The South African education minister Angie Motshekga came under strong criticism for her remarks on rape.
Motshekga was addressing students when she said that “an educated man won’t rape” which later attracted a lot of criticism.
Students were heard murmuring in discord after she commented that she was disappointed that some educated men would still rape women.
South African social media was lit after a video of her comment started trending all over with some trolling her for not understanding dynamics on rape matters.
A real scourge
In South Africa, rape is a scourge. Official statistics are dizzying. Over the twelve months from April 2017 to March 2018, 40,035 rapes were recorded, or 110 per day.
“In South Africa, two women are murdered every day by someone they love. Not a stranger. Someone they love. I told my mother I was raped, she told me I was lying. As a mother, what do you think? For her, it had to be a lie. Because she couldn’t accept the truth, she blamed everything on me, and we were thinking about it.” Told Debi Steven, founder of ABS and rape survivor.
These classes teach girls “not to keep quiet,” says one mother, Mali Masondo, who was raped in her childhood and forced to remain silent for a long time by her family.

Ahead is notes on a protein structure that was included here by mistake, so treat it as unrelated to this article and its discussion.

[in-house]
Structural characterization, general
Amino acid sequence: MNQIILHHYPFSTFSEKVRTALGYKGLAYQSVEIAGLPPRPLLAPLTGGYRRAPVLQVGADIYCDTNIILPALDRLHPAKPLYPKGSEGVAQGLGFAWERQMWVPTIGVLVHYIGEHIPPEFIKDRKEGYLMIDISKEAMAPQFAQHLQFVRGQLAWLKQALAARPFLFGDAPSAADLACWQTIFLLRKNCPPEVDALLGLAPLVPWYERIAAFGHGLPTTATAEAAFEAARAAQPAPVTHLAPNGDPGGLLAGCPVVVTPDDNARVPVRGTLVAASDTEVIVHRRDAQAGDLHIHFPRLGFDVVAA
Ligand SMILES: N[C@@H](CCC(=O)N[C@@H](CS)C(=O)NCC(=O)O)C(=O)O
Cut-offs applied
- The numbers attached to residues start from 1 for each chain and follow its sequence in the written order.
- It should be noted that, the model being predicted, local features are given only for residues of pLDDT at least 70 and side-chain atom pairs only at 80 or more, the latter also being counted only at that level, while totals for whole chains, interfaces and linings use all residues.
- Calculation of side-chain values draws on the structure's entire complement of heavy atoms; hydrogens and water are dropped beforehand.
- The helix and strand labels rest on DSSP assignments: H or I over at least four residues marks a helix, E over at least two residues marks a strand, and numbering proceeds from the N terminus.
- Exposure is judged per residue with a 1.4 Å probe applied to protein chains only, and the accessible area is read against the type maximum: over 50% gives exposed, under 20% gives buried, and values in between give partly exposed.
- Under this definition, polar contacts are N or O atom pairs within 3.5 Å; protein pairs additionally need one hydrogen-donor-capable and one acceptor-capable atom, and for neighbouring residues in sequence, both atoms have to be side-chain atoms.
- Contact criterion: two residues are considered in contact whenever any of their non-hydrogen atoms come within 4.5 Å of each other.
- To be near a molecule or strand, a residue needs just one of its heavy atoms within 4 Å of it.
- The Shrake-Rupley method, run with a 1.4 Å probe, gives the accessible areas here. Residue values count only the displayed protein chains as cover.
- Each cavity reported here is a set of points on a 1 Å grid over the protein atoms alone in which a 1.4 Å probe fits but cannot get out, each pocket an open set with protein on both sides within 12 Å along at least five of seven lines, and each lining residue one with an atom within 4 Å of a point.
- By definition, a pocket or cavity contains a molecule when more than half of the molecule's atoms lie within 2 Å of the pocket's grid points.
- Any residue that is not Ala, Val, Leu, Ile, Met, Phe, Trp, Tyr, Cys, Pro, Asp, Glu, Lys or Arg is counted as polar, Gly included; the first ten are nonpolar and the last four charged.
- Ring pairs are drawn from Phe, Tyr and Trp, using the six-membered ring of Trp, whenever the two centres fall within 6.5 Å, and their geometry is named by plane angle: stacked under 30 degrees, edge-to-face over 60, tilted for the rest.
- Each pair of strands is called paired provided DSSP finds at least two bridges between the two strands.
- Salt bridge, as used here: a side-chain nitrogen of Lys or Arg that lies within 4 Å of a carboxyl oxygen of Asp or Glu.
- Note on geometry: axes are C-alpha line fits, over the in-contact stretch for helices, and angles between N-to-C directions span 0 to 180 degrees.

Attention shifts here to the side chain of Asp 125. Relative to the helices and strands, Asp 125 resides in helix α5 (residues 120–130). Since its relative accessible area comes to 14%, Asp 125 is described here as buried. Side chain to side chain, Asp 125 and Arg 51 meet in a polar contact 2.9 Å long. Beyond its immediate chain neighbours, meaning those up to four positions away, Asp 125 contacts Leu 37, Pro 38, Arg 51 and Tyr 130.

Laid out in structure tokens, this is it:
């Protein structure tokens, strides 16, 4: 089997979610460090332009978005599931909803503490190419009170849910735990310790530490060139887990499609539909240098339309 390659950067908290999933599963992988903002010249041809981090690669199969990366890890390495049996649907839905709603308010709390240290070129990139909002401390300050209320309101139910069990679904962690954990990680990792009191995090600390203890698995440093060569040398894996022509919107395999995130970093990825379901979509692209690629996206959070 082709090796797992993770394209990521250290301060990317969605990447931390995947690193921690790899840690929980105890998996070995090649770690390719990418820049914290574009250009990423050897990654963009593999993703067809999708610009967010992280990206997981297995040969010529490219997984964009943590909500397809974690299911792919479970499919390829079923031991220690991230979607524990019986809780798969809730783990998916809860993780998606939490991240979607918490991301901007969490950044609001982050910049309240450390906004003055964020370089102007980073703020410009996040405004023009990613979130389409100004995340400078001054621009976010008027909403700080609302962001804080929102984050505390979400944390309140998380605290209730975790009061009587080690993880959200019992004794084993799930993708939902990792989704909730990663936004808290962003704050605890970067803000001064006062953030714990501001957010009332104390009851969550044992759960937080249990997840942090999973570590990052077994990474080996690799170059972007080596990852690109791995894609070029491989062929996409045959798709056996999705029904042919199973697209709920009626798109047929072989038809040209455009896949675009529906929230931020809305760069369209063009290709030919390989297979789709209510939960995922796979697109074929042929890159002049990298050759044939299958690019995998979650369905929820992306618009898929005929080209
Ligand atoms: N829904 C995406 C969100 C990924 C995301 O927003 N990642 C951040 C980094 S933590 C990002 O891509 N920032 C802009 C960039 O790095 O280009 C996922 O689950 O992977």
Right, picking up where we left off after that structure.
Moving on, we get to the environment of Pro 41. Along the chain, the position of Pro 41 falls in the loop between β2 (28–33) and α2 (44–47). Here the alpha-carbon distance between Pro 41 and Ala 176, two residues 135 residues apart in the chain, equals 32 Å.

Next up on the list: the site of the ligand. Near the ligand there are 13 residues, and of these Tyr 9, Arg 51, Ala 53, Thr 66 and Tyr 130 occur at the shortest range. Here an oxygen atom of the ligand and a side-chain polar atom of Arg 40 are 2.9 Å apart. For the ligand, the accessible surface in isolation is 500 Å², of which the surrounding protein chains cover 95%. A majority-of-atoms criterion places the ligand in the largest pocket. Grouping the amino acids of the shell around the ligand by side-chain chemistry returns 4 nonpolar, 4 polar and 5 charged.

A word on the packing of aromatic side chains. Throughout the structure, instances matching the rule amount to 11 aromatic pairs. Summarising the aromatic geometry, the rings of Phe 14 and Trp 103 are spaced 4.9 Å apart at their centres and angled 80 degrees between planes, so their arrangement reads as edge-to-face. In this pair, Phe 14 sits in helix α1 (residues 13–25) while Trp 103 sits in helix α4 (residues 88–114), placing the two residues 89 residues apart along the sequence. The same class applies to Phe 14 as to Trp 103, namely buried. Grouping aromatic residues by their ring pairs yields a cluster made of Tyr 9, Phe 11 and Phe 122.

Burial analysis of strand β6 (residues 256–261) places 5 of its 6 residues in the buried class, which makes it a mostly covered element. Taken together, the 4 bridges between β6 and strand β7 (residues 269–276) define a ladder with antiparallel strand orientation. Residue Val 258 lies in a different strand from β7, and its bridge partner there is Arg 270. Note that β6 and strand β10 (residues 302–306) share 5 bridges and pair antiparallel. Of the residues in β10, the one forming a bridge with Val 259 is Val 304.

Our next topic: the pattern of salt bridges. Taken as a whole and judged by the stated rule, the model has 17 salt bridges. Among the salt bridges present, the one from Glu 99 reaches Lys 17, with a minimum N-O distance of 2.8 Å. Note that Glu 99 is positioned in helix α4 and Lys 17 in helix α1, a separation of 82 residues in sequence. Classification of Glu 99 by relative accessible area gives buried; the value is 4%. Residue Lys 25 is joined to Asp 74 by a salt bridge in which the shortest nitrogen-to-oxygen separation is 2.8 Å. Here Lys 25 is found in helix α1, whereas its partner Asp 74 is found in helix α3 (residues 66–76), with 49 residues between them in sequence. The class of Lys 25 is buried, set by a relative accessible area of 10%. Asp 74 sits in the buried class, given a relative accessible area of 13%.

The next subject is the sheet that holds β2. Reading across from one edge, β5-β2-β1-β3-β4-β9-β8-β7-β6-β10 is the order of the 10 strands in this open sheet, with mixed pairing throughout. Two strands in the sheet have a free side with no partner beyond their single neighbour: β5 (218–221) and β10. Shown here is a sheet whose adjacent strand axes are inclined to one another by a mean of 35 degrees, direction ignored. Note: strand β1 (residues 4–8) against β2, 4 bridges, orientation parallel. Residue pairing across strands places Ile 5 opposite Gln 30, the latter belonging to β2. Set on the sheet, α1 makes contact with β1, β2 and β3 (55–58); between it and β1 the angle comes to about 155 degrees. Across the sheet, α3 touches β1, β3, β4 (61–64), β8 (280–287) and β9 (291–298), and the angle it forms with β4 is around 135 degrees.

The NGO’s training programme “does not focus on the physical aspect. It aims at the emancipation” of women, explains Debi Steven. Her NGO seeks to develop boys’ empathy towards girls in order to prevent any abusive behavior.
Convinced by ABS’s approach, which has reached more than 13,000 children in the country, the South African Ministry of Health has just called on the NGO to train 160 anti-rape instructors.
In 2016, a group of anti-rape protesters staged a silent protest, disrupting former South African president Jacob Zuma’s speech at the electoral commission’s results center.
The protesters, four young ladies, according to the IOL news portal, marched to the front of the podium just when the president had mounted it.
Without uttering a word, they held out four cardboards with the inscriptions, “Khanga”, “I am 1 in 3”, “10 years later” and “Remember Khwezi”.